Expand Cut Tags

No cut tags
netmouse: (Life)
[personal profile] netmouse
So, yesterday I read a post by Jim Hines reacting to a column by Amy Sterling Casil called "We are All Disabled." The original post has since been taken down, as you'll see at the top of Jim's post, and an apology has been put up by SFSignal, which published the piece. I didn't feel moved to post about it by Jim's commentary, which seemed pretty complete in and of itself, but then I read this commentary by Foz Meadows, and it caused a completely different thought process, which I thought I would share. (originally composed as a comment on Foz's blog entry)

Though I had read other commentary on this piece, it was only when I read your story about the comment you made when you were young and maybe more of an asshole that I cast my mind back to how I myself thought I was highly empathetic when I was a teenager. The phrase I used at that time was that I was an "empathic receiver."

Come to think of it, that was not long after I read _To Ride Pegasus_and was generally engaged with the idea of someone's being an empath. As in a number of stories I read, it did not always feel like a positive thing to be so affected by other people's feelings. In particular as I became sexually active, I had a hard time telling if I was actually excited/doing what I wanted, or if I was just echoing the other person's desires. I felt like I could actively draw energy off someone else, if I tried, but had no way of dampening the effect (aside from physically leaving) if an empathic projector I was involved with was unhappy.

Now, as an adult, I understand that what I was suffering from is known as a dysfunctional pattern of behavior and thought. It's psychology, and it's not a disability, but it is hard to change. The most closely related named dysfunctional pattern that I know of is called co-dependence.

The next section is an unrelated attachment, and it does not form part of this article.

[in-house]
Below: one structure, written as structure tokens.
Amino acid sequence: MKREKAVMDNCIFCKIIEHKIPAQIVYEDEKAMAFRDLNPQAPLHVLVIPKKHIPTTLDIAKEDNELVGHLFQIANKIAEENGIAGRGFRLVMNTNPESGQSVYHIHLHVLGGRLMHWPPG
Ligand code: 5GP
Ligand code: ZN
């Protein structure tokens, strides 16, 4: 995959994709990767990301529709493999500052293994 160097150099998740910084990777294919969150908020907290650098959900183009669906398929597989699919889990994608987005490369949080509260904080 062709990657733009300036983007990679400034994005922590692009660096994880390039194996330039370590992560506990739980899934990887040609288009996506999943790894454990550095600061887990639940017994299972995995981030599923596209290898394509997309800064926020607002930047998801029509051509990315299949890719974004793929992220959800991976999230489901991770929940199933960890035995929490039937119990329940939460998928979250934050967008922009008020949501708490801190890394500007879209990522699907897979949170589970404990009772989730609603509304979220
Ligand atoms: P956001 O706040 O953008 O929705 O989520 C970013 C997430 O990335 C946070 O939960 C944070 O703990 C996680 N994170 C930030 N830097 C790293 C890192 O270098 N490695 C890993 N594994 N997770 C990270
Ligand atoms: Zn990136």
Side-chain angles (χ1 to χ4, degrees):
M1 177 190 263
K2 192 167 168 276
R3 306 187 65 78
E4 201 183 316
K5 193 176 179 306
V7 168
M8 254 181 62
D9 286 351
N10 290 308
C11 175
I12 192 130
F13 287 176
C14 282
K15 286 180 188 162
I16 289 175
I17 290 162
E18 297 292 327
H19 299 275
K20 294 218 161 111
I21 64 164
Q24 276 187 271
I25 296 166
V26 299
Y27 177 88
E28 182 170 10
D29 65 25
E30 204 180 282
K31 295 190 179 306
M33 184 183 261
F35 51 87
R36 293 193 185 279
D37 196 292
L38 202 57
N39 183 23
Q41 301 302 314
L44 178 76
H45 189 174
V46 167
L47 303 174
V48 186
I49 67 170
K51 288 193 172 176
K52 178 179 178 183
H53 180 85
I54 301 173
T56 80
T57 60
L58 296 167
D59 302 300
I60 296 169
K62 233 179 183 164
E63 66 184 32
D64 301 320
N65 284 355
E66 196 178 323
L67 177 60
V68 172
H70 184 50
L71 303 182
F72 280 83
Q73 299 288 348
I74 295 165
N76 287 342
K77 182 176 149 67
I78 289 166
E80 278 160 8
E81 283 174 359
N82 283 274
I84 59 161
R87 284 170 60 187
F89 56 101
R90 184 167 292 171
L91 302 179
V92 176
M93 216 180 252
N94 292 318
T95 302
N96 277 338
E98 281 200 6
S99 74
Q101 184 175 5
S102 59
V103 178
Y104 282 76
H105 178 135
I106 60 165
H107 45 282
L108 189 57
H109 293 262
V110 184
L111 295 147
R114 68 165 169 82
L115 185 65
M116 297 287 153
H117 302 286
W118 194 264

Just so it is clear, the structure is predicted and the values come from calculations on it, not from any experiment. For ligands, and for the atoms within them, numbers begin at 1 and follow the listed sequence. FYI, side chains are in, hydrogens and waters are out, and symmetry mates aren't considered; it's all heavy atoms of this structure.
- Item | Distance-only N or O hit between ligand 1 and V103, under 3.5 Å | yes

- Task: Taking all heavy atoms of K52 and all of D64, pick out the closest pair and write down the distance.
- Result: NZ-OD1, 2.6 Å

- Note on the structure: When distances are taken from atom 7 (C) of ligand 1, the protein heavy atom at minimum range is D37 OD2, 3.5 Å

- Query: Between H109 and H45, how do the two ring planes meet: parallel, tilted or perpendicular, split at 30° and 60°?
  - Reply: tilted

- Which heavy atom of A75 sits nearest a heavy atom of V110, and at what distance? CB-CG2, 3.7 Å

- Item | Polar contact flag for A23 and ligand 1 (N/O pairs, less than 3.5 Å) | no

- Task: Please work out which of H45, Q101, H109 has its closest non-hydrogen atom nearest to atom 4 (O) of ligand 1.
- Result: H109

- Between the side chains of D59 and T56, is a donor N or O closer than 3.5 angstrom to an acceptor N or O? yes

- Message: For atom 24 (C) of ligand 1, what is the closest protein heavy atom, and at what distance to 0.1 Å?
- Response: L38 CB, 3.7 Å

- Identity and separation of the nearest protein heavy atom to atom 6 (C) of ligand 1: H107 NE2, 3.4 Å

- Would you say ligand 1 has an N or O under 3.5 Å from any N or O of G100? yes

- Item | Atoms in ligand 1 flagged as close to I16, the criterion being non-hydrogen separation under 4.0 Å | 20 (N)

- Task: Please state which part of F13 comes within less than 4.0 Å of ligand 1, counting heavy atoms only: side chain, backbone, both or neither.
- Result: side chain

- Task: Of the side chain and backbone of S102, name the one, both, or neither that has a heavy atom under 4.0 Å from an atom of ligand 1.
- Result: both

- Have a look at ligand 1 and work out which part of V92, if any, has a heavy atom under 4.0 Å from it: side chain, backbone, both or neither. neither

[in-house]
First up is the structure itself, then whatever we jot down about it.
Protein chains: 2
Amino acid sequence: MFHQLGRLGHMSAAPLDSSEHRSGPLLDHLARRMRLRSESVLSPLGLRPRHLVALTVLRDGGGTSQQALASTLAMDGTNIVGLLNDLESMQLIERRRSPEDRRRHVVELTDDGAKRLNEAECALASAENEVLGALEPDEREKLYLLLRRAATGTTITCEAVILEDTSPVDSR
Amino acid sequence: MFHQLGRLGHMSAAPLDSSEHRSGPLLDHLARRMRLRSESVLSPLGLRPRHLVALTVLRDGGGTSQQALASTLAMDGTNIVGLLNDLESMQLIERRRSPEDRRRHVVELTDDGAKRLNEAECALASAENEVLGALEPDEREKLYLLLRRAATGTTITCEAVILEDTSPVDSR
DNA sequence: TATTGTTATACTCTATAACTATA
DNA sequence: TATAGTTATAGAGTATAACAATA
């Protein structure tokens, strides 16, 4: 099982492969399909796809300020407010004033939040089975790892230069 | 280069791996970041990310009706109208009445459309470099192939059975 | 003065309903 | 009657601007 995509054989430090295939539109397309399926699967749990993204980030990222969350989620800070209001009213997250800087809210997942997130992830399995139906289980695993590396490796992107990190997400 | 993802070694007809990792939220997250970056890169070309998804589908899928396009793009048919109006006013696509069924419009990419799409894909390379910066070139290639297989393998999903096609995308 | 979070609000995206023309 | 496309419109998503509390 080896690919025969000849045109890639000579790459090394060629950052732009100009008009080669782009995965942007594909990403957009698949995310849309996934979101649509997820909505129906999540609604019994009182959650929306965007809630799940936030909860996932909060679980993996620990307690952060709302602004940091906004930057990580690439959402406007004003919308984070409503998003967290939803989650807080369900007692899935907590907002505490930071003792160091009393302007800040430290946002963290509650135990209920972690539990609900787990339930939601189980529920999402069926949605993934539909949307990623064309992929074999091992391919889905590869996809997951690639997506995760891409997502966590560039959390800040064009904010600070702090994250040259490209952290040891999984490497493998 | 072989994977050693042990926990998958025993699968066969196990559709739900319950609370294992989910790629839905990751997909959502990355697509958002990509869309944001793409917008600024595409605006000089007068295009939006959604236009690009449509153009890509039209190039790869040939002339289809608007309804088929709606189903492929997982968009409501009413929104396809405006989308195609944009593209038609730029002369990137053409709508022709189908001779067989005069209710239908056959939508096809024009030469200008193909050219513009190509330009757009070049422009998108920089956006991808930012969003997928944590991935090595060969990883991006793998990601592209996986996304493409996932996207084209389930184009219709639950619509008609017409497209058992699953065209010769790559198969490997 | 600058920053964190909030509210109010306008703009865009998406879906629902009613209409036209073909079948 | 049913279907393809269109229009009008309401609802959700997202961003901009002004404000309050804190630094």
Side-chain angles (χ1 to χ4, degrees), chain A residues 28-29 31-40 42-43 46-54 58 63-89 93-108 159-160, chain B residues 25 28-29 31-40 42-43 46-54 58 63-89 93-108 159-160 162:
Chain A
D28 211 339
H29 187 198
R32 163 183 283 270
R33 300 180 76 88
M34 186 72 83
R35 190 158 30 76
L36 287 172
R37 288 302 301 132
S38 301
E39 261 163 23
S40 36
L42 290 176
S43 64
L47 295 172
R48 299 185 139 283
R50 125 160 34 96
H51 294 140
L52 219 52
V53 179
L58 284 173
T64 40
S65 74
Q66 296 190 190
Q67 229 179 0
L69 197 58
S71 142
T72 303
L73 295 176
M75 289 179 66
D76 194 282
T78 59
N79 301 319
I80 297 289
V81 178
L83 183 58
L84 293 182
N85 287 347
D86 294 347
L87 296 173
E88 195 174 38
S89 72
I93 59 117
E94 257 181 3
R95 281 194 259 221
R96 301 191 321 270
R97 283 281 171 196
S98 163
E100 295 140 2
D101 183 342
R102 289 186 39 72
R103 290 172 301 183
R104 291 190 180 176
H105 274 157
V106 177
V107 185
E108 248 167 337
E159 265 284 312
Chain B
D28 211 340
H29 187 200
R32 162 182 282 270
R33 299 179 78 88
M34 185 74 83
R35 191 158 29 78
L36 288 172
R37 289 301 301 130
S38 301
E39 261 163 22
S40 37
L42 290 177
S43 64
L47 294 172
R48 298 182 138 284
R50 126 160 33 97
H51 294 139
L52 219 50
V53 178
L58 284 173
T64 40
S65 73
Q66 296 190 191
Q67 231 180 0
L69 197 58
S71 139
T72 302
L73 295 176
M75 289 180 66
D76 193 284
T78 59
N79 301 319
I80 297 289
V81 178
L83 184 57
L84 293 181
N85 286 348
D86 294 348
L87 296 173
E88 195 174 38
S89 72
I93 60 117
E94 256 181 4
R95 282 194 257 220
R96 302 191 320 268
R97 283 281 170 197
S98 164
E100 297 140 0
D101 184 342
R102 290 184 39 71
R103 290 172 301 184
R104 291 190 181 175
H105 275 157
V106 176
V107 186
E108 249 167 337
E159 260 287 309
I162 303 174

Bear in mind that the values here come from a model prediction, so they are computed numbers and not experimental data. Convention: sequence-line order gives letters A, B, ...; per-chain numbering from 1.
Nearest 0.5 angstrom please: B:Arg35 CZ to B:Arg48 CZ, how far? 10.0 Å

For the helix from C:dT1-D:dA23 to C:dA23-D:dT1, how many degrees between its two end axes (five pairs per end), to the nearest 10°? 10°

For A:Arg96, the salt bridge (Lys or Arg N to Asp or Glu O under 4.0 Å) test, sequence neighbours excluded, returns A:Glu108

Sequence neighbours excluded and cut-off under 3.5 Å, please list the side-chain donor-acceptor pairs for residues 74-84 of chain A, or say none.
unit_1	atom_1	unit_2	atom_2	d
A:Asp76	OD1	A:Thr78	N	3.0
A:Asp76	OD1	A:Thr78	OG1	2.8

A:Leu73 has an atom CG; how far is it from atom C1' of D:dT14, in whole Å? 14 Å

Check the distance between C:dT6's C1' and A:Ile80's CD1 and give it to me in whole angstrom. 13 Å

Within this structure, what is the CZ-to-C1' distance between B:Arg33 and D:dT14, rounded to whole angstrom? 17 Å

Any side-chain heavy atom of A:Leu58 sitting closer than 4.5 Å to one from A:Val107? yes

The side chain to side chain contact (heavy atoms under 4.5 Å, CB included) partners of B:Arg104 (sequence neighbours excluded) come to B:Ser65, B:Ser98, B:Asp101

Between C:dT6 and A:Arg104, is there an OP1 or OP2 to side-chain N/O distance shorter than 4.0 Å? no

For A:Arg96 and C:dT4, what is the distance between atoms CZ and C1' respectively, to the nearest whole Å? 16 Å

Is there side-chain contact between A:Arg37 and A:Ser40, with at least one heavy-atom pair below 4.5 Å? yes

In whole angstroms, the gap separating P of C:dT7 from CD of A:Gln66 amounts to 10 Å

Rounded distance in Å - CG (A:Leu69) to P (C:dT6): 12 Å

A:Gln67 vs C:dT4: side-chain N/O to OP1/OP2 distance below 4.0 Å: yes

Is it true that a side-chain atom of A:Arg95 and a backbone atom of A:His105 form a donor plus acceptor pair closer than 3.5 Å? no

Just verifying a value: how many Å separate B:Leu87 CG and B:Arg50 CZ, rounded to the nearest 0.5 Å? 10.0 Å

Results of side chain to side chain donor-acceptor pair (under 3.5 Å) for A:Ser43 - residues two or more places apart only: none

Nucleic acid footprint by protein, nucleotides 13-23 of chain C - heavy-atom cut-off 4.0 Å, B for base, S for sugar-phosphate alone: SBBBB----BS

Co-dependence is not narcissism, as another reader suggested above, rather it is a behavior pattern in which you have been trained to focus your attention outward. To try to anticipate what other people want and feel. At the same time there is a tendency *not* to state what you want or need, but to expect other people to "read" it from you, the way you would try to, and if they fail to do it you often conclude that they don't care or don't want to. Just like the OA, talking about her conversation with the autistic person, projected onto him an uncaring attitude despite the way she did not tell him what she was thinking and feeling.

As I grew older, I have continued to struggle to *know* what I want and how I feel, and to express those things, despite being raised in a family culture that has often presented serious backlash if I ask for something significant, while at the same time implying I should care more about how others feel than how I do.

I understand how this young woman has come across as a big asshole, and I agree with Jim Hines that her essay was really misguided and wrong. But I also hope people might consider her description of her own lived experience with a little more sympathy. And I hope she gets a good counselor, who can teach her how to set boundaries and learn to pay attention to other's feelings when appropriate, but also to ask what those feelings are and talk about your own feelings. To understand that none of us can actually read the minds and feelings of others - that even if you feel bizarrely good at it a lot of the time, it's better to cultivate behaviors of talking about things - asking and telling. It is only through discussion that you can become aware of when you're wrong. And you will be.

Because there are no real empaths. That's just science fiction.
From:
Anonymous (will be screened)
OpenID (will be screened if not validated)
Identity URL: 
User
Account name:
Password:
If you don't have an account you can create one now.
Subject:
HTML doesn't work in the subject.

Message:

If you are unable to use this captcha for any reason, please contact us by email at support@dreamwidth.org


 
Notice: This account is set to log the IP addresses of everyone who comments.
Links will be displayed as unclickable URLs to help prevent spam.

Profile

netmouse: (Default)
netmouse

May 2017

S M T W T F S
 1 23 456
78910 111213
14151617181920
21222324252627
28293031   

Most Popular Tags

Style Credit

Page generated May. 27th, 2017 01:51 pm
Powered by Dreamwidth Studios